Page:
Grassley alleges he discovered that VMAP made one payment of $390,000 to Donnelly before she entered the DOD in January 2017, but it made three more payments of $390,000 to her while she served at the DOD — in March 2017, July 2017, and March 2018. Donnelly resigned from the DOD just days after she received her last payment, according to the DOD OIG report.
This meant that VMAP, a C5-linked entity set up by Pienaar and Mai, paid Donnelly during her time at the Pentagon, including when she set up the London dinner with Mattis and Pienaar. Ongoing payments during government service for business deals completed while a person was still in the private sector are permitted.
In addition, as Grassley noted in his letter, AWS and Pienaar’s C5 Capital also had their own business relationship. Around 2017 and 2018, AWS supported two C5 Capital startup accelerator programs.
This meant – according to Grassley — that AWS was supporting Pienaar’s C5 Capital while Pienaar’s VMAP was paying Donnelly, as she set up calls and meetings between Mattis and AWS representatives. While that does not imply wrongdoing by private citizens, it apparently makes Grassley question the thoroughness of the original OIG report.
There was another tie between C5 Capital and AWS: Pienaar, CEO of C5 Capital, who would later get engaged in 2019 to Carlson, the AWS executive in charge of the company’s bid for the DOD cloud contract.
Given these ties, Grassley argued that Pienaar’s involvement in the purchase of Donnelly’s firm was indeed relevant to the DOD OIG’s investigation of alleged ethical misconduct by government officials and has pressed for the DOD OIG to reopen its investigation.
He wrote in his letter:
Knowledge of the entity that purchased her firm is relevant and central to the question of whether a conflict of interest existed and could have substantively affected the protocols required to wall off Sally Donnelly from potential and actual conflicts of interest while employed at DoD.
He added that the new information contradicts the DOD OIG’s finding that there was “no evidence that [Ms. Donnelly] had an ongoing or undisclosed financial relationship with C5 or Amazon and its affiliates” during her employment at the DOD.
“[N]ot only did the DoD OIG fail to acquire an unredacted version of the Purchase and Sale Agreement, it never even interviewed Andre Pienaar, Chief Executive and Founder of C5 Capital, during its review of DoD’s JEDI cloud procurement program,” Grassley claimed.
He added, “Taken together, while in government service, Ms. Donnelly received payments from VMAP Investor LLC—an entity directly linked to two senior C5 officials, a company connected to Amazon. These facts were not included in DoD or DoD OIG’s conflicts analysis.”
The DOD OIG report did mention in a footnote: “Ms. Donnelly and Mr. Pienaar co-owned SBD Advisors. Ms. Donnelly sold her share of ownership of SBD Advisors to Mr. Pienaar in January 2017, prior to entering on duty with the DoD.”
However, that footnote did not reflect that Pienaar co-created an entity named VMAP that purchased her firm, and that VMAP was linked to C5 Capital and paying Donnelly while C5 Capital was working with AWS on at least two projects.
Donnelly in her testimony to the DOD OIG also seemed to downplay Pienaar’s role in purchasing her firm, calling him the “organizer” of the sale of her firm. And an SBD Advisors spokesperson and former Obama administration official, Price Floyd, also told the Daily Caller in August 2018 that SBD Advisors was sold to a “group of investors” in January 2017.
Floyd also claimed to another outlet that none of the investors had any commercial relationships with AWS. That statement appears to be false, since at least one investor — Pienaar — had a commercial relationship with AWS.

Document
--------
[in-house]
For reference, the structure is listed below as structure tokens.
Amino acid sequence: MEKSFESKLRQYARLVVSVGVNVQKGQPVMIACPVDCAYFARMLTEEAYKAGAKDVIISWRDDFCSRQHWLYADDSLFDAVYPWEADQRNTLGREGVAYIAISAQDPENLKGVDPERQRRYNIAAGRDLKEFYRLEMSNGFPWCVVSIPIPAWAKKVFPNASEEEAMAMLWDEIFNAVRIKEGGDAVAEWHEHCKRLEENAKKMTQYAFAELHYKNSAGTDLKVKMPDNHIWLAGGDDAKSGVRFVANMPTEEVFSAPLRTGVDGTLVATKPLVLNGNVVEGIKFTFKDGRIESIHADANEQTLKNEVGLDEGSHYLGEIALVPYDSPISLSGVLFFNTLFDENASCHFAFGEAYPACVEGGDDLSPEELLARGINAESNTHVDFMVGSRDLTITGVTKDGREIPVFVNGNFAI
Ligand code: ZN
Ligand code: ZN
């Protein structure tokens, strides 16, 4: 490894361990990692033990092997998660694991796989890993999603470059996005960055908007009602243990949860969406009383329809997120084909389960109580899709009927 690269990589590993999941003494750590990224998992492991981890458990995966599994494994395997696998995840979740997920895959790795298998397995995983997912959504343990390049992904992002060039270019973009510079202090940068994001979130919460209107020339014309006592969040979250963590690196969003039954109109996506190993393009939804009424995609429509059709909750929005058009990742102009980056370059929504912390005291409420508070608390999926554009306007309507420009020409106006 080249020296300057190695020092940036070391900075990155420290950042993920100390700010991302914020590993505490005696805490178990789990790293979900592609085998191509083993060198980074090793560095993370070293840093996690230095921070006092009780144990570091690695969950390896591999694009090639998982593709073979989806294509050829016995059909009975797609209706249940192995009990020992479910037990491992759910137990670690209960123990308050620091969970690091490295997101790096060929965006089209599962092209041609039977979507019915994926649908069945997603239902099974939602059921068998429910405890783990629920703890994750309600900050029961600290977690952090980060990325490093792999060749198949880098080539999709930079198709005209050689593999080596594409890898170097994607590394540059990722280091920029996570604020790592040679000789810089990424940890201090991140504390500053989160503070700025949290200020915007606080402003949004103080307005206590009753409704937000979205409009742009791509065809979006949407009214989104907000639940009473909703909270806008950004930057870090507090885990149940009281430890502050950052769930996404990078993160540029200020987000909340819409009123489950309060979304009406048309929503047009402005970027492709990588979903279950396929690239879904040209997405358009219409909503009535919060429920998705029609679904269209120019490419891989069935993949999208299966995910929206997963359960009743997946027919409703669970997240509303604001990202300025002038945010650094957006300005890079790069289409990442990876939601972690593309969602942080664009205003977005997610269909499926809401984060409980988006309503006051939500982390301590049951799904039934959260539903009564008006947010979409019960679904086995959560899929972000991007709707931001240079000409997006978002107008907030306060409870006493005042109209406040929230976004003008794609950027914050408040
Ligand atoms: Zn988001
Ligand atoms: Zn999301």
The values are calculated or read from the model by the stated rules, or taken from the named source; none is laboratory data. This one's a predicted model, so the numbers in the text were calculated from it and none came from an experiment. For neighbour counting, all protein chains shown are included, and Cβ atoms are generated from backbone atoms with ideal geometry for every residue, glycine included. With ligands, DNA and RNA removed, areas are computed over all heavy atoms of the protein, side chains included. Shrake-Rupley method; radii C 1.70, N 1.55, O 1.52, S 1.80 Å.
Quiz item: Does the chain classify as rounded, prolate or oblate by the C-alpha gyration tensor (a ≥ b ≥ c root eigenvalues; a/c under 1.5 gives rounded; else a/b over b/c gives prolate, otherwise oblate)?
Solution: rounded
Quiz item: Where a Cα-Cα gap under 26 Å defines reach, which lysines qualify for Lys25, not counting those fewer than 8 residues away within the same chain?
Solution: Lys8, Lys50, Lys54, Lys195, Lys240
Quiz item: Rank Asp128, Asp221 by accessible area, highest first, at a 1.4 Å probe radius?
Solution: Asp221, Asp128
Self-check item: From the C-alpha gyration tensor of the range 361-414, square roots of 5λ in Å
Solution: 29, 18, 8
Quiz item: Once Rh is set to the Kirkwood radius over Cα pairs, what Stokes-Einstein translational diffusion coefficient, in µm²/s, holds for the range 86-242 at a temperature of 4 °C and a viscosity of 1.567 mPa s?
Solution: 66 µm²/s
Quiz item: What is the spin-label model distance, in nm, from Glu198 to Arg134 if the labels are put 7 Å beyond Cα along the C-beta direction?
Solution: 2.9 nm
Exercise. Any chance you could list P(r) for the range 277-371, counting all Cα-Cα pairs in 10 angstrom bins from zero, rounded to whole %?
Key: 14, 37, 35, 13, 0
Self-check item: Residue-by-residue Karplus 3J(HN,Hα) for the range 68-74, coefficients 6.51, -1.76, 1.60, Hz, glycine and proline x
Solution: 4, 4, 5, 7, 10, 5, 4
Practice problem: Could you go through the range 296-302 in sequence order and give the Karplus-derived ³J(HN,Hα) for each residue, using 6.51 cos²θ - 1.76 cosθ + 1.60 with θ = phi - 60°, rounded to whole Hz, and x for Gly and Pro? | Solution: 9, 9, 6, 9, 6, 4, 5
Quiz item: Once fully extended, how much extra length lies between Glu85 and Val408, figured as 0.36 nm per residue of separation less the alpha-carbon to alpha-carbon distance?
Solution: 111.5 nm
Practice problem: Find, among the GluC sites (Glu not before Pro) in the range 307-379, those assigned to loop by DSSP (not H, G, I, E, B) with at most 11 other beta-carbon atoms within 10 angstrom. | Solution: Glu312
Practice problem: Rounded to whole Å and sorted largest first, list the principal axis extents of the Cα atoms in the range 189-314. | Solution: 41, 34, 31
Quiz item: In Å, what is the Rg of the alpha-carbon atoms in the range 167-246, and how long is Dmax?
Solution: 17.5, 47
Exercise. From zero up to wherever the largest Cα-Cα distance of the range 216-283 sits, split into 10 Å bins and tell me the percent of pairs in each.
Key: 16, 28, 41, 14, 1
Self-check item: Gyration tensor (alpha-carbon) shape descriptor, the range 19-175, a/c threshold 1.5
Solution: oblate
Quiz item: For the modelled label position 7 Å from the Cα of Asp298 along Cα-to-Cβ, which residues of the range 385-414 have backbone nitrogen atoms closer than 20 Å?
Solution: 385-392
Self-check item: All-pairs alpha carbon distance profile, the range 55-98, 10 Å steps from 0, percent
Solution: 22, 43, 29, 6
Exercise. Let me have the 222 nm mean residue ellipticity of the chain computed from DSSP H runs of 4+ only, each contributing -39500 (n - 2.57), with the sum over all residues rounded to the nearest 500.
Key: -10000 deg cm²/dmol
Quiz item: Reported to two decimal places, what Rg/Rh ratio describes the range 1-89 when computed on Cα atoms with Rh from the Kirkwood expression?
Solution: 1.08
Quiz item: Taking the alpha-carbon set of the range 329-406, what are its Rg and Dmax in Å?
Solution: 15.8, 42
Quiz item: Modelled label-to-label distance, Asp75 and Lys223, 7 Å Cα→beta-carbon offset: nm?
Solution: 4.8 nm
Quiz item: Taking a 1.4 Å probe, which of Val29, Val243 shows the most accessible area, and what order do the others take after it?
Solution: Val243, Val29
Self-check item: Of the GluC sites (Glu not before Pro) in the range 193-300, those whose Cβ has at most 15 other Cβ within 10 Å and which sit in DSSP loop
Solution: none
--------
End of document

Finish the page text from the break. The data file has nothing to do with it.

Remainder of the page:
Given the subsequently discovered information not considered — or perhaps dismissed — during the initial DOD OIG investigation, Grassley and other Republicans say the investigation should be reopened.
“It looks bad,” Mace said of Donnelly’s failure to disclose that an entity created in part by Pienaar paid her over a million dollars during her tenure at the Pentagon as she helped coordinate meals with Mattis. “There was a huge conflict of interest.”
“You need to disclose all of your finances before taking your appointment in federal government, especially if you have a position where you’re introducing new contracts,” she said in the interview with Breitbart News.
“This employee didn’t disclose any of this until they were leaving,” she added. “It’s pretty f-cked up.”
She also expressed concern that Donnelly continues to serve at the DOD on the Defense Business Board. “She [Donnelly] shouldn’t be let inside the building,” she said.
The Question Being Asked Is Whether the DOD OIG Whitewashed Evidence of Misconduct
According to the additional emails and documents obtained via FOIA litigation and reviewed by Breitbart News, the final DOD OIG report omitted information that demonstrated Donnelly’s involvement in the cloud initiative and called into question some of her statements to DOD OIG investigators.
For example, the DOD OIG report left out part of an April 27, 2017, email where Mattis’s Chief of Staff Kevin Sweeney asked Donnelly and Mattis’s Senior Military Advisor Navy Adm. Craig Faller if they wanted to “accept an office call with Jeff Bezos of Amazon and Blue Origin” after the London dinner.
Faller wrote to Donnelly, “[Chief of Staff] defers to you for SecDef consideration.” The DOD OIG left out that Donnelly okayed the call, writing, “I think he is the genius of our age, so why not?”
On the other hand, the DOD OIG report did include in its report an email that was favorable to Donnelly sent 10 days earlier.
On April 17, 2017, when an Amazon representative emailed Donnelly’s aide Tony DeMartino — who had worked with Donnelly at her firm on AWS matters — to arrange a post-dinner meeting for Mattis and Bezos, the DOD OIG report said that DeMartino consulted Donnelly and that Donnelly responded, “We should stand back and let the [Secretary of Defense’s] schedule process work — we should take no action to help. Not our place, not proper.”